Each experimental group contained 20 mice. To investigate the effects of CHIR-99021 IAL treatment, mice were administered 100 μL of IAL subcutaneously 2 h after infection with S. aureus and then at 12-h intervals thereafter for a total of six doses. The control mice were treated with 100 μL
of sterile PBS on the same schedule. For histopathologic analysis, mice were euthanized with anesthesia followed by cervical dislocation. The lungs were placed in 1% formalin. Formalin-fixed tissues were processed, stained with hematoxylin and eosin, and visualized by light microscopy. The experimental data were analyzed with spss 12.0 statistical software. An independent Student’s t-test was used to determine statistical significance, and a P value < 0.05 was considered to be statistically significant. As presented in Table 1, the MIC values for IAL that were tested against S. aureus strains were > 1024 μg mL−1, which indicates that IAL does not inhibit the growth of S. aureus. Four α-toxin-producing S. aureus strains were cultured with increasing concentrations of IAL, and the culture supernatants were tested for the ability to perform hemolysis. As shown in Fig. 2a, treatment with IAL repressed the hemolytic activity in culture supernatants. The hemolytic units (HUs) in drug-free
culture fluids were 42.4, 38.2, 110.7, and 46.4 for S. aureus ATCC 29213, BAA-1717, Wood 46, and 8325-4, respectively. When 8 μg mL−1 of IAL was added to the media, the click here Hydroxychloroquine HUs were 1.2, 4.5, 14.1, and 0.6, respectively. Notably, a dose-dependent (1–8 μg mL−1) attenuation of hemolysis was observed in all the tested strains. Furthermore, drug-free culture supernatants preincubated with 8 μg mL−1 of IAL exhibited no difference in HUs, indicating that the reduction in hemolytic activity was not owing to direct interaction of IAL on α-toxin (data not shown). α-Toxin is the major toxin produced by S. aureus and can cause hemolysis of rabbit erythrocytes. Therefore, S. aureus culture supernatants were subjected to Western blot analysis to determine whether the reduced hemolytic activity was attributed to a decrease in the production of α-toxin. Ten nanograms of purified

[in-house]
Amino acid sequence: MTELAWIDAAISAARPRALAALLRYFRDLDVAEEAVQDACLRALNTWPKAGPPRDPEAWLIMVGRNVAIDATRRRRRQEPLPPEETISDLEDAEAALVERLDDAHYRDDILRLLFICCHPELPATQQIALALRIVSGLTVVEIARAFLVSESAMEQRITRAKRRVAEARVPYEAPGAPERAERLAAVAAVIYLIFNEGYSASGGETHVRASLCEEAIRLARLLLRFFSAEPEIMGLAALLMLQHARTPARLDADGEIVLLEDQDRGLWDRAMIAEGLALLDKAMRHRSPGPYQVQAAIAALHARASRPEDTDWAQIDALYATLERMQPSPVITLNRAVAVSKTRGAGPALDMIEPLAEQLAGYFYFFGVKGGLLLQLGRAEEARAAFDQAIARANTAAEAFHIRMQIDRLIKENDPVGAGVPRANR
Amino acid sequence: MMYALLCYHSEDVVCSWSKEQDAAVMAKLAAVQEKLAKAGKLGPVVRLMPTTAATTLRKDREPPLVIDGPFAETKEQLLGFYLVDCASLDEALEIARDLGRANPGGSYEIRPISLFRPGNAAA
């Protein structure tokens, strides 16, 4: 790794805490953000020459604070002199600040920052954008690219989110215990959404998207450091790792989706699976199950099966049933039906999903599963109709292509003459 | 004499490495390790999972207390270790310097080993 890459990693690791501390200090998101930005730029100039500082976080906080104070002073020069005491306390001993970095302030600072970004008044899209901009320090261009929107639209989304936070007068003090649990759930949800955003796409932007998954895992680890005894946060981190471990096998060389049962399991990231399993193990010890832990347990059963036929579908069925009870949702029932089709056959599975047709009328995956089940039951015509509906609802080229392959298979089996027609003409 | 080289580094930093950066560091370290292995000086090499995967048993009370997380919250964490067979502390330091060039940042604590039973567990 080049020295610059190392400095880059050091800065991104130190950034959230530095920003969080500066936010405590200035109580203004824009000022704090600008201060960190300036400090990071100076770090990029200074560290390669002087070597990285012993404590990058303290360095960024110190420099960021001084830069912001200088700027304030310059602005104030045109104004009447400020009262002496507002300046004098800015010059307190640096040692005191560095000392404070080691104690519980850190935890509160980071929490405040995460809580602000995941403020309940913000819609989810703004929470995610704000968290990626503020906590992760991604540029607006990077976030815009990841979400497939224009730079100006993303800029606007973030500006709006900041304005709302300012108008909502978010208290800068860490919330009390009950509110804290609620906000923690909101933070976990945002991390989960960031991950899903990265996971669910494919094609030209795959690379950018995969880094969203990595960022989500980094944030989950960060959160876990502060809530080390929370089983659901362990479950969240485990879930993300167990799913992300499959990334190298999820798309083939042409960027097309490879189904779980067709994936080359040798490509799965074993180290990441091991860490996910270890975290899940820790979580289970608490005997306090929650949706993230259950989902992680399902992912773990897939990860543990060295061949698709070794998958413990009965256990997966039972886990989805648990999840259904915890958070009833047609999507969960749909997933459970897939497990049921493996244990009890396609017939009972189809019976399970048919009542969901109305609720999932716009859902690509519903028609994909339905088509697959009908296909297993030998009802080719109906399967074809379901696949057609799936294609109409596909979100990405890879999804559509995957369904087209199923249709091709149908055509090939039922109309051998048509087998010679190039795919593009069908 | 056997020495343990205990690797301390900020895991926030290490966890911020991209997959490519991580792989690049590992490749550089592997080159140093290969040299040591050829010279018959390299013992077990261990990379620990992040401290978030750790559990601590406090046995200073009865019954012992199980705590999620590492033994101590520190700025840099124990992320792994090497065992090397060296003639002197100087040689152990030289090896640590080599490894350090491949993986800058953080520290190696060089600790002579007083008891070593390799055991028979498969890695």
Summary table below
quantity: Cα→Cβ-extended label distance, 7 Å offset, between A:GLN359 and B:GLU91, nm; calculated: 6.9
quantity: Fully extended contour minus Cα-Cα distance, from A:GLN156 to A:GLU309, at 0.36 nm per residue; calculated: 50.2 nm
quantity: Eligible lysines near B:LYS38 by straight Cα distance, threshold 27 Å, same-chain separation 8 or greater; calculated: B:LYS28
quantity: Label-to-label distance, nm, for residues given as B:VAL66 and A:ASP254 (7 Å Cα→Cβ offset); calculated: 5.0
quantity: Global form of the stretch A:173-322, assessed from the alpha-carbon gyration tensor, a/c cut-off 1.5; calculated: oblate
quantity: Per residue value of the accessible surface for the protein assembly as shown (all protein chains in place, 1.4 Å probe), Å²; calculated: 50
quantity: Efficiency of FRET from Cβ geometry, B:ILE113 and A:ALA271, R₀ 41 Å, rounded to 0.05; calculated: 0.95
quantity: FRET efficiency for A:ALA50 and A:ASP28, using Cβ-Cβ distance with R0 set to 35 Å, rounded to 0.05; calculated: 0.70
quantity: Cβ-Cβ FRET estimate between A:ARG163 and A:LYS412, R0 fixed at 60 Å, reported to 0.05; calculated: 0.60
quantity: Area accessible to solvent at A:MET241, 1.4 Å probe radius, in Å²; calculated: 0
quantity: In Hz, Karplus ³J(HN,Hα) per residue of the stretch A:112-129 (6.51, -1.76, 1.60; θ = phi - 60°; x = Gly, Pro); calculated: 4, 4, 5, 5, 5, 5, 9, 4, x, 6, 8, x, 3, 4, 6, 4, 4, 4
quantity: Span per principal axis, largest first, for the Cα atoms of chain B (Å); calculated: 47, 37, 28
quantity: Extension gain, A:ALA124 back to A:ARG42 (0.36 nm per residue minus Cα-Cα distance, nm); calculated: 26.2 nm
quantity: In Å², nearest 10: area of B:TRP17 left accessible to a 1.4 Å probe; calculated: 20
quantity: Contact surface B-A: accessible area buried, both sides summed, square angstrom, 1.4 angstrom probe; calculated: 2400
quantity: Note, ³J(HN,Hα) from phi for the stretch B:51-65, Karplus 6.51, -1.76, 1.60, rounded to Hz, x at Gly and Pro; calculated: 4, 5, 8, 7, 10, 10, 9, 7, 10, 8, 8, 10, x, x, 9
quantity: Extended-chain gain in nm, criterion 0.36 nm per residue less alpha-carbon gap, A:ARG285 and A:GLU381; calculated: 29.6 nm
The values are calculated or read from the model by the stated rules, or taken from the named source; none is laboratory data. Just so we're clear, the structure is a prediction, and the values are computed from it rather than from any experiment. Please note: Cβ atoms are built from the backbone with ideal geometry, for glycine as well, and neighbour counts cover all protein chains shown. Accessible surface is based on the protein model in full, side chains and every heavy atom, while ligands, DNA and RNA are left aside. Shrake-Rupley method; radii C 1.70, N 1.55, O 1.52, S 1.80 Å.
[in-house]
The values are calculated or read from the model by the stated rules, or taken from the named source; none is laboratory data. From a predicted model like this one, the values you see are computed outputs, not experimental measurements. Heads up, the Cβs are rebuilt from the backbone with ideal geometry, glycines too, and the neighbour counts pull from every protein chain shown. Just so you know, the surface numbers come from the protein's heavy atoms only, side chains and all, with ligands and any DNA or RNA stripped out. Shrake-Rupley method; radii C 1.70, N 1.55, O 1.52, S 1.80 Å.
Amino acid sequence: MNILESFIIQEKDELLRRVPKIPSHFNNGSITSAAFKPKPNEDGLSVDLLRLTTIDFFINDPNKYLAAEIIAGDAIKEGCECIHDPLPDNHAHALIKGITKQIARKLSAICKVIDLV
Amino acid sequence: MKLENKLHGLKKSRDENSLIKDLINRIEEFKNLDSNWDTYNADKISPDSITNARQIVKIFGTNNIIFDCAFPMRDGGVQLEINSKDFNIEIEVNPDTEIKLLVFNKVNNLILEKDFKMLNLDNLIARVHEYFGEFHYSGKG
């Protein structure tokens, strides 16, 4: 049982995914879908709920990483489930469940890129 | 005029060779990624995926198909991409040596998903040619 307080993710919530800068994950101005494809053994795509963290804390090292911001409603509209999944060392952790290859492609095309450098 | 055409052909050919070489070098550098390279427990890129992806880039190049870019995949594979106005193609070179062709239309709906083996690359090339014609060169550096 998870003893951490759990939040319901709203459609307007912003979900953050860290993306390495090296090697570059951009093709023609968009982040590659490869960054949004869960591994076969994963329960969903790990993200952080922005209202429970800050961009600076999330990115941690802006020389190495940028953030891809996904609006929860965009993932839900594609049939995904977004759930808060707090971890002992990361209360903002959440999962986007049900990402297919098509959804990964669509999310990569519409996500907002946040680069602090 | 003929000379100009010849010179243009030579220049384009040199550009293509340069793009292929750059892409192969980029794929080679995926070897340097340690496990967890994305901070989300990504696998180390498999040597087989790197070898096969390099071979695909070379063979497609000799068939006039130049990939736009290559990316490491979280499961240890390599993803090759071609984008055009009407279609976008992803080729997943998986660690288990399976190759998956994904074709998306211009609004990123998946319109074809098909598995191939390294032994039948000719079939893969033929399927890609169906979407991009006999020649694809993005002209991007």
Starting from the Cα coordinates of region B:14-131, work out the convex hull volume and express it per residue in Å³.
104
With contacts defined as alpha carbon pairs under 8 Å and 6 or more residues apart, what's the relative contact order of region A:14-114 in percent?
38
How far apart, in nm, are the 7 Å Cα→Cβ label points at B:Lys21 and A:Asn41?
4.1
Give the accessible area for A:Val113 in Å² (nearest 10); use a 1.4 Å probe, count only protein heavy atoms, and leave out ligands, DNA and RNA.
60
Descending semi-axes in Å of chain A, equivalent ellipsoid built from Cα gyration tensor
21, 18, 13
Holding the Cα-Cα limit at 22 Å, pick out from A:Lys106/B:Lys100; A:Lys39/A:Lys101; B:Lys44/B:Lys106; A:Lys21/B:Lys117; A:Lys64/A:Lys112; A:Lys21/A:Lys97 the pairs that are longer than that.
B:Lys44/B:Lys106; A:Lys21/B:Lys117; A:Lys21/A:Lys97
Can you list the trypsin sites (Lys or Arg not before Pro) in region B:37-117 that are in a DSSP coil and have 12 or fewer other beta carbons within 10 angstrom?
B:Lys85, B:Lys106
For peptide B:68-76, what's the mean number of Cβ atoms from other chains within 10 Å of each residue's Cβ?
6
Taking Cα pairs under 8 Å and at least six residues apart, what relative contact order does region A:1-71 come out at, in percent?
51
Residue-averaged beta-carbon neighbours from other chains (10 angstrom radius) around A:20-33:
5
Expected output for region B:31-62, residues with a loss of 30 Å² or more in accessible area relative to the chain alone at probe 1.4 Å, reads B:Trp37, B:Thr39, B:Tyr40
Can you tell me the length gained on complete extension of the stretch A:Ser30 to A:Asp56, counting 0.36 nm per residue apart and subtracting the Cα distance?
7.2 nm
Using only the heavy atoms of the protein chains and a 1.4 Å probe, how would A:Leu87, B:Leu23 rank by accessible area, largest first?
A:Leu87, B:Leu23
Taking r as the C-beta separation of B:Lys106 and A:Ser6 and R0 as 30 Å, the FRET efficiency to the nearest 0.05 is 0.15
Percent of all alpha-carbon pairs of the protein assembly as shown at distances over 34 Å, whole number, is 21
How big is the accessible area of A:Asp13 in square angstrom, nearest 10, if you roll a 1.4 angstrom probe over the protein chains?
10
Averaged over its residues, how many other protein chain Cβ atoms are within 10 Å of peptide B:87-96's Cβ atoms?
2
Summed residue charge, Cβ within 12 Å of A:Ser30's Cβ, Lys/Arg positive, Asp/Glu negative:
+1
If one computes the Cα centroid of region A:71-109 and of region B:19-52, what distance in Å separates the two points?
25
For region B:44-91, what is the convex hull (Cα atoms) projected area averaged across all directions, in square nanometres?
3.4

α-toxin was used as a positive control. As expected, IAL reduced the production of α-toxin in a dose-dependent manner (Fig. 2b). The addition of 1 μg mL−1 IAL resulted in an undistinguished reduction in α-toxin; however, at 8 μg mL−1, no immunoreactive α-toxin antigen could be detected in the supernatants of the tested strains. The results were confirmed with hemolysis assay. Transcription of hla in S. aureus 8325-4 was measured using real-time RT-PCR. The expression of virulence factors in S. aureus is controlled by several global regulatory systems such as Agr, Sar, Sae, and Rot (Cheung & Zhang, 2002). The accessory gene regulator (Agr) is one of the best-characterized global regulatory systems and is known to regulate α-toxin.